A Winter's Tale
- by David Herbert Lawrence 240Yesterday the fields were only grey with scattered snow,
And now the longest grass-leaves hardly emerge;
Yet her deep footsteps mark the snow, and go
On towards the pines at the hills' white verge.
I cannot see her, since the mist's white scarf
Obscures the dark wood and the dull orange sky;
But she's waiting, I know, impatient and cold, half
Sobs struggling into her frosty sigh.
Why does she come so promptly, when she must know
That she's only the nearer to the inevitable farewell;
The hill is steep, on the snow my steps are slow—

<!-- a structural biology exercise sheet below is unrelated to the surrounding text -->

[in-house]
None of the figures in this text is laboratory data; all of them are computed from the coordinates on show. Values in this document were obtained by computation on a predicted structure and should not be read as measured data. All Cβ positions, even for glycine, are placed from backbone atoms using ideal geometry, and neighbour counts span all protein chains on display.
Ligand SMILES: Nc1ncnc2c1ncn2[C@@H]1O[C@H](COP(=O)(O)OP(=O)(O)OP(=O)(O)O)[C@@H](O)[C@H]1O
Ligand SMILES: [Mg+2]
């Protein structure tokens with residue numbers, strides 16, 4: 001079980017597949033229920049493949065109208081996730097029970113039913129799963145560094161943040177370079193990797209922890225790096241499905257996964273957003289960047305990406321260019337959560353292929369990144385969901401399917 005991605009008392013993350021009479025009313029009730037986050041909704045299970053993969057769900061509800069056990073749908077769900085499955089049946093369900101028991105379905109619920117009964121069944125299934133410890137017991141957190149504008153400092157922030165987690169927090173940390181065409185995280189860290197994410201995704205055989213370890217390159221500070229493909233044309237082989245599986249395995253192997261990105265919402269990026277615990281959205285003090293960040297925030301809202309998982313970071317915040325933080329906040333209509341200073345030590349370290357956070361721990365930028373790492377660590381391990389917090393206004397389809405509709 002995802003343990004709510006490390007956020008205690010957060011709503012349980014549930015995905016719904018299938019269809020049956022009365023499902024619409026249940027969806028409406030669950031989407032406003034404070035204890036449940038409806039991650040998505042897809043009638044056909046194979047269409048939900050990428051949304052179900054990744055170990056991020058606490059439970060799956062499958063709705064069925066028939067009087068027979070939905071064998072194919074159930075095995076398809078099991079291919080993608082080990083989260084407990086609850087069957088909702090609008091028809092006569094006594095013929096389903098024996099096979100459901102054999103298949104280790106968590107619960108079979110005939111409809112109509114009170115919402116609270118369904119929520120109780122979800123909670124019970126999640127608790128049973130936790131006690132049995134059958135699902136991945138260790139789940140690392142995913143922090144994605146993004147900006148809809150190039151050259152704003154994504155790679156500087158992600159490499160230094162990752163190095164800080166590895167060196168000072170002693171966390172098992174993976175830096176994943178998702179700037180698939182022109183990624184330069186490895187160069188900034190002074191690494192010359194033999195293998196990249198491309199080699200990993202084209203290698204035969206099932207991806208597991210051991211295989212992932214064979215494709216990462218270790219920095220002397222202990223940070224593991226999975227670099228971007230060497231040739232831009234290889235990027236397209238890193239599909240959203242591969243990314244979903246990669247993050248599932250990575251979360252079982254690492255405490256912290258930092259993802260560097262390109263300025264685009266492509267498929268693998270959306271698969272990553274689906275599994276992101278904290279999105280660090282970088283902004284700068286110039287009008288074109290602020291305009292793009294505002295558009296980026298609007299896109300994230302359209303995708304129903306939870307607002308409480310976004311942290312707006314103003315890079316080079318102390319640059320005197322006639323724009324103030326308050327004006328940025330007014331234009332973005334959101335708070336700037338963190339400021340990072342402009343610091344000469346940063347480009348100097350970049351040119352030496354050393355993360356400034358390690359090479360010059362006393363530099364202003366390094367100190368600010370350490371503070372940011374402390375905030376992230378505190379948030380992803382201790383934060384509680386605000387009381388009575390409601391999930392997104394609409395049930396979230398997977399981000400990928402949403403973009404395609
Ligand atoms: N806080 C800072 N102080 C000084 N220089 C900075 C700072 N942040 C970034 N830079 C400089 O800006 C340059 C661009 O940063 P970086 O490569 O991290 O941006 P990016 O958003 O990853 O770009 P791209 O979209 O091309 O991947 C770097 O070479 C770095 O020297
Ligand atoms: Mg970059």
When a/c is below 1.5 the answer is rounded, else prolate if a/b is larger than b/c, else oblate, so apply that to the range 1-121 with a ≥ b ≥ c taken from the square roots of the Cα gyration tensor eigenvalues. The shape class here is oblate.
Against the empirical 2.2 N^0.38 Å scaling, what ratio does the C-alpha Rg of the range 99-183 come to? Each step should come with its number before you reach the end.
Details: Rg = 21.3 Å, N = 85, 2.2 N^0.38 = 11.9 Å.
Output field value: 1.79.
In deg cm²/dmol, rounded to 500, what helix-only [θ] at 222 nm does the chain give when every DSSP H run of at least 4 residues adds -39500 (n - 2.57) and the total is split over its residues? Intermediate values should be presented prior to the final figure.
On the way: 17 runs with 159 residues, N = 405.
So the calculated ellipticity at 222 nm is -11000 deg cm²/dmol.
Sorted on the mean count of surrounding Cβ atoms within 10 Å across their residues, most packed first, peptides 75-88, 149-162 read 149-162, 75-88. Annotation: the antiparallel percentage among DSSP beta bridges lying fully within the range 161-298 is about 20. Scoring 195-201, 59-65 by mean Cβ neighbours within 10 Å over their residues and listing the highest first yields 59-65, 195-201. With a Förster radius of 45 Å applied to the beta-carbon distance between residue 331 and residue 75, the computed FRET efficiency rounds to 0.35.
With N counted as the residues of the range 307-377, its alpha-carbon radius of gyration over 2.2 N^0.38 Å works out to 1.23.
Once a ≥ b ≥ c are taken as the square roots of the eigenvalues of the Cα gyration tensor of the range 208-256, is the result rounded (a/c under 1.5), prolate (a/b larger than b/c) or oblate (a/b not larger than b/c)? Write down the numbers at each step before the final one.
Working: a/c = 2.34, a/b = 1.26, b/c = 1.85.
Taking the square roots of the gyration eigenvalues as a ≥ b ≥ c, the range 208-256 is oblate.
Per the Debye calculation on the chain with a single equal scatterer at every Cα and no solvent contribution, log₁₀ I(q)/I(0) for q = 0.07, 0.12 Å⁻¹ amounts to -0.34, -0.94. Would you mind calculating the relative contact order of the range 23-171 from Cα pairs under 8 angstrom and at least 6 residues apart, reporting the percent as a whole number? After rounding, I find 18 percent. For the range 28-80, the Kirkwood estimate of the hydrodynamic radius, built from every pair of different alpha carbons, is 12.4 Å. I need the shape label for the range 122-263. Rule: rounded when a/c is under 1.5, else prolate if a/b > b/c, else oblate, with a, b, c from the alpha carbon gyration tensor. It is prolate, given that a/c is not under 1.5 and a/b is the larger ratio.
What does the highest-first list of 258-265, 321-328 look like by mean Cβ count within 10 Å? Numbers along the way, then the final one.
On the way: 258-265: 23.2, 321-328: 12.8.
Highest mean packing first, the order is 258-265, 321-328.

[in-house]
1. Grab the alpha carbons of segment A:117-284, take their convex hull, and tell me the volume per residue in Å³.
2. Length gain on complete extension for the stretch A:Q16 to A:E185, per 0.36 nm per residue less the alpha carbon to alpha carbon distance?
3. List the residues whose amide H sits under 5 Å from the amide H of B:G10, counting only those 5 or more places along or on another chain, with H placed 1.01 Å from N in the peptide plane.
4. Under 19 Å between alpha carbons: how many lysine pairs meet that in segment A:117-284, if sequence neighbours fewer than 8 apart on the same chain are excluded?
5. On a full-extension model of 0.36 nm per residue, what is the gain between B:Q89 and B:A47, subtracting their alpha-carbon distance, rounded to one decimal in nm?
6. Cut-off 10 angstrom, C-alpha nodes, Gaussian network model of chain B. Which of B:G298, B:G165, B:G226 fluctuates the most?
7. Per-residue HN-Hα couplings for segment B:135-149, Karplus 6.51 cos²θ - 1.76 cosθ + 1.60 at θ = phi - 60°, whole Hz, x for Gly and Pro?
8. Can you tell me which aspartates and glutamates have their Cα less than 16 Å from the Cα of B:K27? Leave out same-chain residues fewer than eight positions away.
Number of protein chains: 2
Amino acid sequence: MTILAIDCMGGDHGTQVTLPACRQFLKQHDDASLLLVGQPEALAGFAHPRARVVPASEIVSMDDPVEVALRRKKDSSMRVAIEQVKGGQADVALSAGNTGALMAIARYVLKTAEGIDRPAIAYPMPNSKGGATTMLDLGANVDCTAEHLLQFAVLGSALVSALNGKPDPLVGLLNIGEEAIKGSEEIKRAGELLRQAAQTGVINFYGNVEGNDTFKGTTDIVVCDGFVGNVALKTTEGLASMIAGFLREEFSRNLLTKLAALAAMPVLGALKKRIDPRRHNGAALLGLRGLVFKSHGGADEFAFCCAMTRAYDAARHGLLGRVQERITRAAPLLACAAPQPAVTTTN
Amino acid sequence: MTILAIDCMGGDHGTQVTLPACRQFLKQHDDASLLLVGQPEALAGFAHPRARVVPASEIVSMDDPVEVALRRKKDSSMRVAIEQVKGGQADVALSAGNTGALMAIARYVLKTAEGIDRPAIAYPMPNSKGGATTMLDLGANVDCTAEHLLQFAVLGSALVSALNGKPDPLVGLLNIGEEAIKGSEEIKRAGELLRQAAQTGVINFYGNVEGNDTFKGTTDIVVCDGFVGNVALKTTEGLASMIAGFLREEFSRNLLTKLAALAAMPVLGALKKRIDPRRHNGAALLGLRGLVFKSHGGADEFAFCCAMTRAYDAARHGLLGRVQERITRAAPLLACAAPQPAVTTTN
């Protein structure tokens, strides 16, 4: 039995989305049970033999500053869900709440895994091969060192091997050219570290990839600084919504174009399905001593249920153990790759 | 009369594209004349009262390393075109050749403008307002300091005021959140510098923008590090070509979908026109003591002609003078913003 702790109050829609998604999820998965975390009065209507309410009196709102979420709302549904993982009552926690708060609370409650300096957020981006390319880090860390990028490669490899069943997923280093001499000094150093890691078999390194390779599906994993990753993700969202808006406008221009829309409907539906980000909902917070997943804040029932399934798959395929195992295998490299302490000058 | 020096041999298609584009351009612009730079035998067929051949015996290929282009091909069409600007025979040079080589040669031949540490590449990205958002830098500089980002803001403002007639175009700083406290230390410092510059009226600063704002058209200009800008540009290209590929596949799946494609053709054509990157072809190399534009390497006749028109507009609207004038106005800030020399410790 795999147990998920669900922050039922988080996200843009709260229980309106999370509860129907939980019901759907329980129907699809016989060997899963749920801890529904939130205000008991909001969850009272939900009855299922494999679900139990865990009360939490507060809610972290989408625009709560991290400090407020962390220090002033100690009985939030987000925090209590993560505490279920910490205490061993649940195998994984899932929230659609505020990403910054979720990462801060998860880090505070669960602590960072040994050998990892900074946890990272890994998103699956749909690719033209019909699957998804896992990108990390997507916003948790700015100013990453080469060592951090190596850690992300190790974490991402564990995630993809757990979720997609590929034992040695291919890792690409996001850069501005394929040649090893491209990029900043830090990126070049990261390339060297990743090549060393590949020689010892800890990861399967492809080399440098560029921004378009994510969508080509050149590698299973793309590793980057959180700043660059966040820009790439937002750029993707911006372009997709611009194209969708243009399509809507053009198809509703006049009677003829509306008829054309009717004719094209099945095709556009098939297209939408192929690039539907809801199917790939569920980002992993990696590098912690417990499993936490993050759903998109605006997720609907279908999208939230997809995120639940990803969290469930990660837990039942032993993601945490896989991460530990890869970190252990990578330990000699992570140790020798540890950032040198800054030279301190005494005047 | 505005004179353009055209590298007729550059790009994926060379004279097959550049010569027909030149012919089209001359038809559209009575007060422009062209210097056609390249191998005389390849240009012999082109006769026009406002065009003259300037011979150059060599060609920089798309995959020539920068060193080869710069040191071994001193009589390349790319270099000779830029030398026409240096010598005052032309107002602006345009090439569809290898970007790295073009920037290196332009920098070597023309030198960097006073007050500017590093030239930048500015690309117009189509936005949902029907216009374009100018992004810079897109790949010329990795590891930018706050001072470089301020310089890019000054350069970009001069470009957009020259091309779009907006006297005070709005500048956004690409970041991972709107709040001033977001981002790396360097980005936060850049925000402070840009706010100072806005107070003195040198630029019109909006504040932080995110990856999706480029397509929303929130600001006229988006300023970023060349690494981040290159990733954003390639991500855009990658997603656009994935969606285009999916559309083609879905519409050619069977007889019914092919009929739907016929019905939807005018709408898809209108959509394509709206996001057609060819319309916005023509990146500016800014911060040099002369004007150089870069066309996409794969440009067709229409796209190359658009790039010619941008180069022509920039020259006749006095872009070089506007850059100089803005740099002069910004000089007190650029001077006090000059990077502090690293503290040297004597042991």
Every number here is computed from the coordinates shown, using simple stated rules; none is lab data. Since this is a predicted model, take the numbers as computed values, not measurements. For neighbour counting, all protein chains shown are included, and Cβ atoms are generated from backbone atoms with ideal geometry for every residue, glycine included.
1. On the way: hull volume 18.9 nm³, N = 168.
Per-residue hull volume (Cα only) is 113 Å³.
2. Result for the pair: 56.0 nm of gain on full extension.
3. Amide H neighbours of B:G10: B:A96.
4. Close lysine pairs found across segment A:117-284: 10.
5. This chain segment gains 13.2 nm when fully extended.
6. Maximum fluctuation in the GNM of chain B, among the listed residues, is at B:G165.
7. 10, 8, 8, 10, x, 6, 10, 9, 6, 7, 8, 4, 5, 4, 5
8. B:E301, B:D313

Why does she come, when she knows what I have to tell?
- by David Herbert Lawrence 88Butterfly, the wind blows sea-ward,
strong beyond the garden-wall!
Butterfly, why do you settle on my
shoe, and sip the dirt on my shoe,
Lifting your veined wings, lifting them?
big white butterfly!
Already it is October, and the wind
blows strong to the sea
from the hills where snow must have
fallen, the wind is polished with
Here in the garden, with red
geraniums, it is warm, it is warm
but the wind blows strong to sea-ward,
white butterfly, content on my shoe!
Will you go, will you go from my warm
Will you climb on your big soft wings,
as up an invisible rainbow, an arch
till the wind slides you sheer from the
and in a strange level fluttering you go
out to sea-ward, white speck!
Poems by David Herbert Lawrence, David Herbert Lawrence's poems collection. David Herbert Lawrence is a classical and famous poet (11 September 1885 - 2 March 1930 / Nottinghamshire / England). Share all poems of David Herbert Lawrence.
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